Thursday, March 21st, 2019 -- The Free Software Foundation (FSF) today awarded Respects Your Freedom (RYF) certification to seven devices from ThinkPenguin, Inc.: The Penguin Wireless G USB Adapter (TPE-G54USB2), the Penguin USB Desktop Microphone for GNU / Linux (TPE-USBMIC), the Penguin Wireless N Dual-Band PCIe Card (TPE-N300PCIED2), the PCIe Gigabit Ethernet Card Dual Port (TPE-1000MPCIE), the PCI Gigabit Ethernet Card (TPE-1000MPCI), the Penguin 10/100 USB Ethernet Network Adapter v1 (TPE-100NET1), and the Penguin 10/100 USB Ethernet Network Adapter v2 (TPE-100NET2). The RYF certification mark means that these products meet the FSF's standards in regard to users' freedom, control over the product, and privacy. [...] "I've always believed that the biggest difficulty for users in the free software world has been in obtaining compatible hardware, and so I'm glad to be participating in the expansion of the RYF program" said Christopher Waid, founder and CEO of ThinkPenguin. ThinkPenguin, Inc. was one of the first companies to receive RYF certification, gaining their first and second certifications in 2013, and adding several more over the years since. "ThinkPenguin has excelled for years in providing users with the tools they need to control their own computing. We are excited by these new additions today, and look forward to what they have in store for the future," said the FSF's licensing and compliance manager, Donald Robertson, III.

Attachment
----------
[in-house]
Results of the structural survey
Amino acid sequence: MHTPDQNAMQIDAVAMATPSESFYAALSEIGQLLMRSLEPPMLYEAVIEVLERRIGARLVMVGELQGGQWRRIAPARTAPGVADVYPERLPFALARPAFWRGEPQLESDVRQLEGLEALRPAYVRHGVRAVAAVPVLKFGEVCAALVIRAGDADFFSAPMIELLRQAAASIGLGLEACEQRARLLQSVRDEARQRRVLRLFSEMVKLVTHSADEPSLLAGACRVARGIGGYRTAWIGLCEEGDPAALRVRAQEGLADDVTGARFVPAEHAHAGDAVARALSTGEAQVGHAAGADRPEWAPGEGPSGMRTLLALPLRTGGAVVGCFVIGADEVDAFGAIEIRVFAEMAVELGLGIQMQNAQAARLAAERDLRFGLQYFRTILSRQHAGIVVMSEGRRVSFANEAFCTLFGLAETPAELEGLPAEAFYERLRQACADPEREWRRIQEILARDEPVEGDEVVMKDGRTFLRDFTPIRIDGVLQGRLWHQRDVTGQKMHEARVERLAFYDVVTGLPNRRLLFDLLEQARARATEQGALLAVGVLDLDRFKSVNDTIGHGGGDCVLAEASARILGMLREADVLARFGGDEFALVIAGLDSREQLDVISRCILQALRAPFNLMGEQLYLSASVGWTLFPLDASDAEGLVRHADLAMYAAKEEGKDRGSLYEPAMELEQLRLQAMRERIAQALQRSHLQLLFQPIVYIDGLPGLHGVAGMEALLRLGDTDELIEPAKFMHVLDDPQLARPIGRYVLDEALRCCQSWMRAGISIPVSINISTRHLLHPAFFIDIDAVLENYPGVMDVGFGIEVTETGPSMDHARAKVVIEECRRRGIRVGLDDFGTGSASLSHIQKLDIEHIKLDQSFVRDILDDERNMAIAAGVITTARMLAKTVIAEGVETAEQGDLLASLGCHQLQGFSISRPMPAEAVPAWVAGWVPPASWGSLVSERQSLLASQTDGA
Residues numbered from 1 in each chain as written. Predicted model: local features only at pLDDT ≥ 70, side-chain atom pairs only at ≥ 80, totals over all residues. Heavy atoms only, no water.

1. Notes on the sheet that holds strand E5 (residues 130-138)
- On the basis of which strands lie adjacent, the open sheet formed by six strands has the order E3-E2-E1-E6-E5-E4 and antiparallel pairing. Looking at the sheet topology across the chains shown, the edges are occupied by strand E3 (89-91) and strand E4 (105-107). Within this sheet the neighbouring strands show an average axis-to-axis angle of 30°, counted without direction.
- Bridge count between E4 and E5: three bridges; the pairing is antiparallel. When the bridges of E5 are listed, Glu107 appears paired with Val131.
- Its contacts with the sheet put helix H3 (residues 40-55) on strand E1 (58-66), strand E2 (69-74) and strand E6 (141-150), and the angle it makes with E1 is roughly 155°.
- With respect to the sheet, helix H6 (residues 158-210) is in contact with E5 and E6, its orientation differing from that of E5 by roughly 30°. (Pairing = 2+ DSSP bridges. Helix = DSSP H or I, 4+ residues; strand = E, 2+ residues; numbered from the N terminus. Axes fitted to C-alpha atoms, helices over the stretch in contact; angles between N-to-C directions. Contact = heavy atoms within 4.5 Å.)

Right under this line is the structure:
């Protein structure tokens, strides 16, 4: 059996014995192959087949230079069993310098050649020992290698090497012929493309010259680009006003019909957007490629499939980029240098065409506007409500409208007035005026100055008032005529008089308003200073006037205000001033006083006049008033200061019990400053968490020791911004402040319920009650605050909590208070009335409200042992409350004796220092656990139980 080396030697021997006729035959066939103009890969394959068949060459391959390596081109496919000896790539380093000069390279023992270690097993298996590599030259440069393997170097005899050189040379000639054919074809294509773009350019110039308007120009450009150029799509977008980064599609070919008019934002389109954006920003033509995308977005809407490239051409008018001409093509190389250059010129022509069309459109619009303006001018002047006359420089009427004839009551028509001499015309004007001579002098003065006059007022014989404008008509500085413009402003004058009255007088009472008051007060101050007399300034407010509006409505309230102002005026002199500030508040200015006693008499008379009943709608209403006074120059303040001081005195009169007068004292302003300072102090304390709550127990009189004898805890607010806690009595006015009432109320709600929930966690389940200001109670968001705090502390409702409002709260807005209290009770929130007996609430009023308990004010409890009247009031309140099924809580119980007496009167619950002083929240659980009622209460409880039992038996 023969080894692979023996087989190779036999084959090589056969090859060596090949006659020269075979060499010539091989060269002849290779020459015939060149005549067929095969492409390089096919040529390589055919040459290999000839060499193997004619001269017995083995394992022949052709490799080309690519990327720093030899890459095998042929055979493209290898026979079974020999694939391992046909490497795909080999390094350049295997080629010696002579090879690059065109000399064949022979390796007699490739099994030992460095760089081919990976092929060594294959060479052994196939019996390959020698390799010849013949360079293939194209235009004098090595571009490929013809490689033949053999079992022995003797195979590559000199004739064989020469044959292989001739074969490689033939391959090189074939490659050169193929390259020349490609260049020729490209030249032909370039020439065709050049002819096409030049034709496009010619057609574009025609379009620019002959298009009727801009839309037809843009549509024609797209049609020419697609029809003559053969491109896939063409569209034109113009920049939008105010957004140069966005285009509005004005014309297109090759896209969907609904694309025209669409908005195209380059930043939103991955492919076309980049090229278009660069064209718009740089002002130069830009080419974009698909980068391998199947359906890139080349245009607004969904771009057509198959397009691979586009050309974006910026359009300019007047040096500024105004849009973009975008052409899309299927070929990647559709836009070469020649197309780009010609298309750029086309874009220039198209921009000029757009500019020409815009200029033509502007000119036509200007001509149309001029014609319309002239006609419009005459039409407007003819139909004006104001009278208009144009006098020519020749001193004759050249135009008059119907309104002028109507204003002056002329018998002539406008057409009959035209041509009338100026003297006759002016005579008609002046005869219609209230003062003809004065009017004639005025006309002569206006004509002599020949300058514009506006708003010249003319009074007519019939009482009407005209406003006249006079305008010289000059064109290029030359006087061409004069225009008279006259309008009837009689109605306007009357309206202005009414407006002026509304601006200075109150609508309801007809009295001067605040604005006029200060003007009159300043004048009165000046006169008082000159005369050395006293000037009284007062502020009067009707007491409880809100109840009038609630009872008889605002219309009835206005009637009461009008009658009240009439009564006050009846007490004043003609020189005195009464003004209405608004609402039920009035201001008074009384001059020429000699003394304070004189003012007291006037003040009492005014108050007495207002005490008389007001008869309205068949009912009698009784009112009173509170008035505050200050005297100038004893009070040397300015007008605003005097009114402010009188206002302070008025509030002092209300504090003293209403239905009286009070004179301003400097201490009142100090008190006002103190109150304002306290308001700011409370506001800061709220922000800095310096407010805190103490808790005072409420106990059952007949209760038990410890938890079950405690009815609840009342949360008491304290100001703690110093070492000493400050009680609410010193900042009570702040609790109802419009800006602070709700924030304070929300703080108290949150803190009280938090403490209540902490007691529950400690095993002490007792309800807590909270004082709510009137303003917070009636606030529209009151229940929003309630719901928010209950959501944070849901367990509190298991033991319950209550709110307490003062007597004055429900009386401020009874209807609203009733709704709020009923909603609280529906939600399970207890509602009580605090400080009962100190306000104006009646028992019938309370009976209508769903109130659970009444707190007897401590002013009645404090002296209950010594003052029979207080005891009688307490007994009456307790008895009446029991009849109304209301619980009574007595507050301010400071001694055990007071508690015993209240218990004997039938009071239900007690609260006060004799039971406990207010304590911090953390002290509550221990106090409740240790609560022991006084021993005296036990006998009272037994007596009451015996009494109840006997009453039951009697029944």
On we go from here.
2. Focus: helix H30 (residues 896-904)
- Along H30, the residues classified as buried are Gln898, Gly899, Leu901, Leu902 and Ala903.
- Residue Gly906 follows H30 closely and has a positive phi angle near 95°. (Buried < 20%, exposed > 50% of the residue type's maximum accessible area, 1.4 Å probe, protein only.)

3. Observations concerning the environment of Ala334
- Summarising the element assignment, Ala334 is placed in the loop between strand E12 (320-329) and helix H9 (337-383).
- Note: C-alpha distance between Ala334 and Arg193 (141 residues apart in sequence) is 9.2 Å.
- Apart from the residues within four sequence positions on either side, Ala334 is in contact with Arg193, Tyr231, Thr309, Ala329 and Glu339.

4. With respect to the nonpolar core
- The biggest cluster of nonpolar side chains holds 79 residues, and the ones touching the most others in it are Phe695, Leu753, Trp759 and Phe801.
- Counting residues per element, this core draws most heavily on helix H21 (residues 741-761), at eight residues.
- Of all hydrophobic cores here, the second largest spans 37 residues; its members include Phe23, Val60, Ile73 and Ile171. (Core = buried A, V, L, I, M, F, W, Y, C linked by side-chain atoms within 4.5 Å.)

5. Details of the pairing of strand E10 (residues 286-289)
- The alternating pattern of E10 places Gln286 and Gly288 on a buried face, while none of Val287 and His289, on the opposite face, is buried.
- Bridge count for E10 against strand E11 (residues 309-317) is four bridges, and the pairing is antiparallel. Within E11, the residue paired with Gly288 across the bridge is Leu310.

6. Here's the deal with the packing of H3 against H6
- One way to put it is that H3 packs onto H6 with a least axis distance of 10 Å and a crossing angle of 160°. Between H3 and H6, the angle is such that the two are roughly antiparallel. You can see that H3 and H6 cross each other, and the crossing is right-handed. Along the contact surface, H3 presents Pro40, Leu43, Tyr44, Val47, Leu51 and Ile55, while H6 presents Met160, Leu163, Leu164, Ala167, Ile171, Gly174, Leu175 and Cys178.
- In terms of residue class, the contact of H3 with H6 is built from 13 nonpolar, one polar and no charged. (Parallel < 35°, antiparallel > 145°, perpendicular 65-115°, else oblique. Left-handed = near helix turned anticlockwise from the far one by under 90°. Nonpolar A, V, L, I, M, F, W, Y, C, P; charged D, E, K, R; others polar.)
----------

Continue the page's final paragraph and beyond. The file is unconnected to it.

• FSF Certifies A USB Microphone For Respecting Your Freedom Plus Some Network Adapters
    The Free Software Foundation has announced the latest batch of hardware it has certified for "Respecting Your Freedom" as part of its RYF program. Seven more devices from Linux-focused e-tailer Think Penguin have been certified for respecting your freedoms and privacy in that no binary blobs are required for use nor any other restrictions on the hardware's use or comprising the user's privacy.